To give students a specific responsibility while viewing, ask students to be on the lookout for the following information throughout the course of this video: modern day uses of magnets and magnetic fields the history of magnets the construction and use of a compass the shape of magnetic fields around a bar magnet and the Earth the definitions of magnetic poles and magnetic declination the difference between geographic and magnetic poles

You might want to post these items on an overhead projector or poster. The following page is a template from which you can make an overhead transparency. You can also make copies for the students to have at their desks to jot down some notes as they go along.

Going My Way? Focus For Viewing

Students:

Be on the lookout for the following information which will be discussed after viewing the video:

Modern day uses of magnets and magnetic fields.

The history of magnets.

The construction and use of a compass.

The shape of magnetic fields around a bar magnet and the Earth.

The definitions of magnetic poles and magnetic declination.

The difference between geographic and magnetic poles.

Viewing Activities
Show opening sequence from "Aliens would shut down a city if they could neutralize all magnetic fields."

PAUSE video when narrator says, "For the moment, however, this is only science fiction."

Ask: -"What does neutralize mean?"(to destroy or counteract a force - in this case magnetic fields)

Ask: "What would neutralizing magnetic fields have to do with cars and office buildings?" Have students hypothesize (part of their scientific method vocabulary) and give possible answers. (Magnetic fields are used to generate electricity and battery power.)

Re-alert students to look out for what civilization discovered magnetism. Why is a lodestone (magnet) called a magnet? How were early compasses made? RESUME video.

PAUSE: "These mysterious pieces of stone advanced sea exploration as never before."

Ask: "How did these stones advance sea exploration?" (They helped sailors find their way over great distances. By knowing which way was north, all other directions can be found.)

Ask above questions that students were alerted to and discuss student answers. RESUME video.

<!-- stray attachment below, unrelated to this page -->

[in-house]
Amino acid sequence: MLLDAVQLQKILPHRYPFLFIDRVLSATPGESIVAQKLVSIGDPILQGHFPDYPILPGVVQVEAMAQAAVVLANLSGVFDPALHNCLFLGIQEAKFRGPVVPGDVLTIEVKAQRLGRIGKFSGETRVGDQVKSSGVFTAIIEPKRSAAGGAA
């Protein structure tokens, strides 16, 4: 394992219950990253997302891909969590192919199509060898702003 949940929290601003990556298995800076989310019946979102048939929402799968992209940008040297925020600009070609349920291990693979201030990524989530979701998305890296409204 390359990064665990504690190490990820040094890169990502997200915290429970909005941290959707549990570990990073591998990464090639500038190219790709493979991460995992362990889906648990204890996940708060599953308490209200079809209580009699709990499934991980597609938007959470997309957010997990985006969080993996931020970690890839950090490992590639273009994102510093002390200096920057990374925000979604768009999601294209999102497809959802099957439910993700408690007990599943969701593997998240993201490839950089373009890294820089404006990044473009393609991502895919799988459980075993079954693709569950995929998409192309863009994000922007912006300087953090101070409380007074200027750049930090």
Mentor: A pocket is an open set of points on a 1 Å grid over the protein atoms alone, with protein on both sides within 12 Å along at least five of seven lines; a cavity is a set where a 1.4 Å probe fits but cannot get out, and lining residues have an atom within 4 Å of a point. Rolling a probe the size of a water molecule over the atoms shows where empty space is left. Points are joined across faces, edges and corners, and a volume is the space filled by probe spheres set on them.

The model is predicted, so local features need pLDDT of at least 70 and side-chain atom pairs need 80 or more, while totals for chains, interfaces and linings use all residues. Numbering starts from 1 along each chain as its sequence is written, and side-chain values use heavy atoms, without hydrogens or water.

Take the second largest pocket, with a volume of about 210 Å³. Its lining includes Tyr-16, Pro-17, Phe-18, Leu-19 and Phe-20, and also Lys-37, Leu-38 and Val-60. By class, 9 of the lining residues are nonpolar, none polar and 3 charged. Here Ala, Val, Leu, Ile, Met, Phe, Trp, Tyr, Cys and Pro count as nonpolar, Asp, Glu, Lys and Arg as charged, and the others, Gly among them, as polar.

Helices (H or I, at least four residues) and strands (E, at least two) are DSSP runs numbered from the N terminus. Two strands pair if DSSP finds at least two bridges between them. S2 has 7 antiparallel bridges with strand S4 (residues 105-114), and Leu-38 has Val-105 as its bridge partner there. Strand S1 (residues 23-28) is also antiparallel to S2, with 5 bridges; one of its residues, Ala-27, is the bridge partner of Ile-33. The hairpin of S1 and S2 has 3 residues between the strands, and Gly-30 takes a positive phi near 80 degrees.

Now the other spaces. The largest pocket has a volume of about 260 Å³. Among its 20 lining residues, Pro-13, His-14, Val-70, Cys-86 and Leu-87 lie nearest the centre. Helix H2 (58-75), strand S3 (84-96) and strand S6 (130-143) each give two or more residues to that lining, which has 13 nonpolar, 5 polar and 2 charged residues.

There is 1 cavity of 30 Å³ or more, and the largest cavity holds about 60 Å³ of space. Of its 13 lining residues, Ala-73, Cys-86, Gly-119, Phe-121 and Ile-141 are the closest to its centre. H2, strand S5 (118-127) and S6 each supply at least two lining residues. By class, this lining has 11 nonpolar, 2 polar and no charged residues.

PAUSE: at spherical lodestone graphic where the narrator says, "So a compass placed anywhere on the lodestone sphere will align itself with the magnetic field."

Review the three diagrams posted on the blackboard.

Alert students to listen for the difference between the geographic and magnetic poles.

FAST FORWARD to the graphic of Earth in space after the heating of the magnet is shown. CONTINUE video where the narrator says, "But these magnetic poles do not coincide with the geographic poles of the Earth."

PAUSE: at graphic of the Earth in space with both sets of poles displayed.

Ask: "What are the geographic poles?" (The points on the Earth where the imaginary axis runs through. Review that the Earth spins on its axis once every 24 hours giving us our night and day.) Ask: "What are the magnetic poles?" (Review earlier information that the magnetic poles mark where the lines of force are closer together at opposite ends of a magnet or the Earth.)

Ask: "Will a compass point to the geographic north pole?" (No. From most places on the Earth, it will not.)

RESUME video.

STOP video after the graphic of the magnetic north pole marker zig-zagging around the globe.

Review the items the students were alerted to prior to watching the video. Use the worksheet provided earlier as a guide.
Post-Viewing Activities
For the post-viewing activity, each group of students will construct their own simple compasses. Use the following page, labeled "Going My Way? - Activity #1," as a handout for the students. You can also use it as an overhead to help walk the class through the entire set of instructions before actually trying them.

Once the compasses are constructed and have been verified by the "real" compasses, have the students construct a map of the classroom and/or schoolyard. Using their hand-made compasses, the students need to identify the directions in which several objects lie about the classroom/school yard, use symbols to identify them and orient the maps accordingly. Have the students follow the directions on the sheet labeled "Going My Way? - Activity #2" to help them in this exercise.
Action Plan
Invite sportsmen and women (hunters and hikers especially), as well as airplane pilots or sailors (professional and amateur) to the classroom to discuss and/or demonstrate the importance of a compass to their sport or livelihood.

Visit your local airport or marina to discuss the importance of a compass to navigation.

Contact your local Boy Scouts of America supplier and request a set of orienteering games and play them in your schoolyard (space permitting).

Make your own compass rose on your school grounds. At noontime, the Sun is due South from you. This means any shadows it casts are falling in the due North direction. Once you have North marked, South is directly behind you, East is to your right and West is to your left. Try placing the intercardinal directions of Northeast, Northwest, Southeast and Southwest too!
Extensions
Mathematics: design a compass course to be completed on school grounds specifying distance and direction.

Art: draw a map of the school grounds and include a key explaining the scale, symbols and directions.

Physical Education: perform the above compass course.

Social Studies: tie into unit on map and globe skills.

Science: tie into a unit on the Earth's atmosphere, especially regarding the northern and southern lights and their relationship to the Earth's magnetic poles (just as the magnetic lines of force are closest together at a magnet's poles, so too are they at the Earth's poles. When electrical particles from the Sun reach the Earth, they gather at the poles producing glowing lights in the sky).

Language Arts: Read The Hatchet by Gary Paulson. It's a story about a boy who crashes in an airplane and uses all his resources to help him survive.

Master Teacher: Daniel Reidy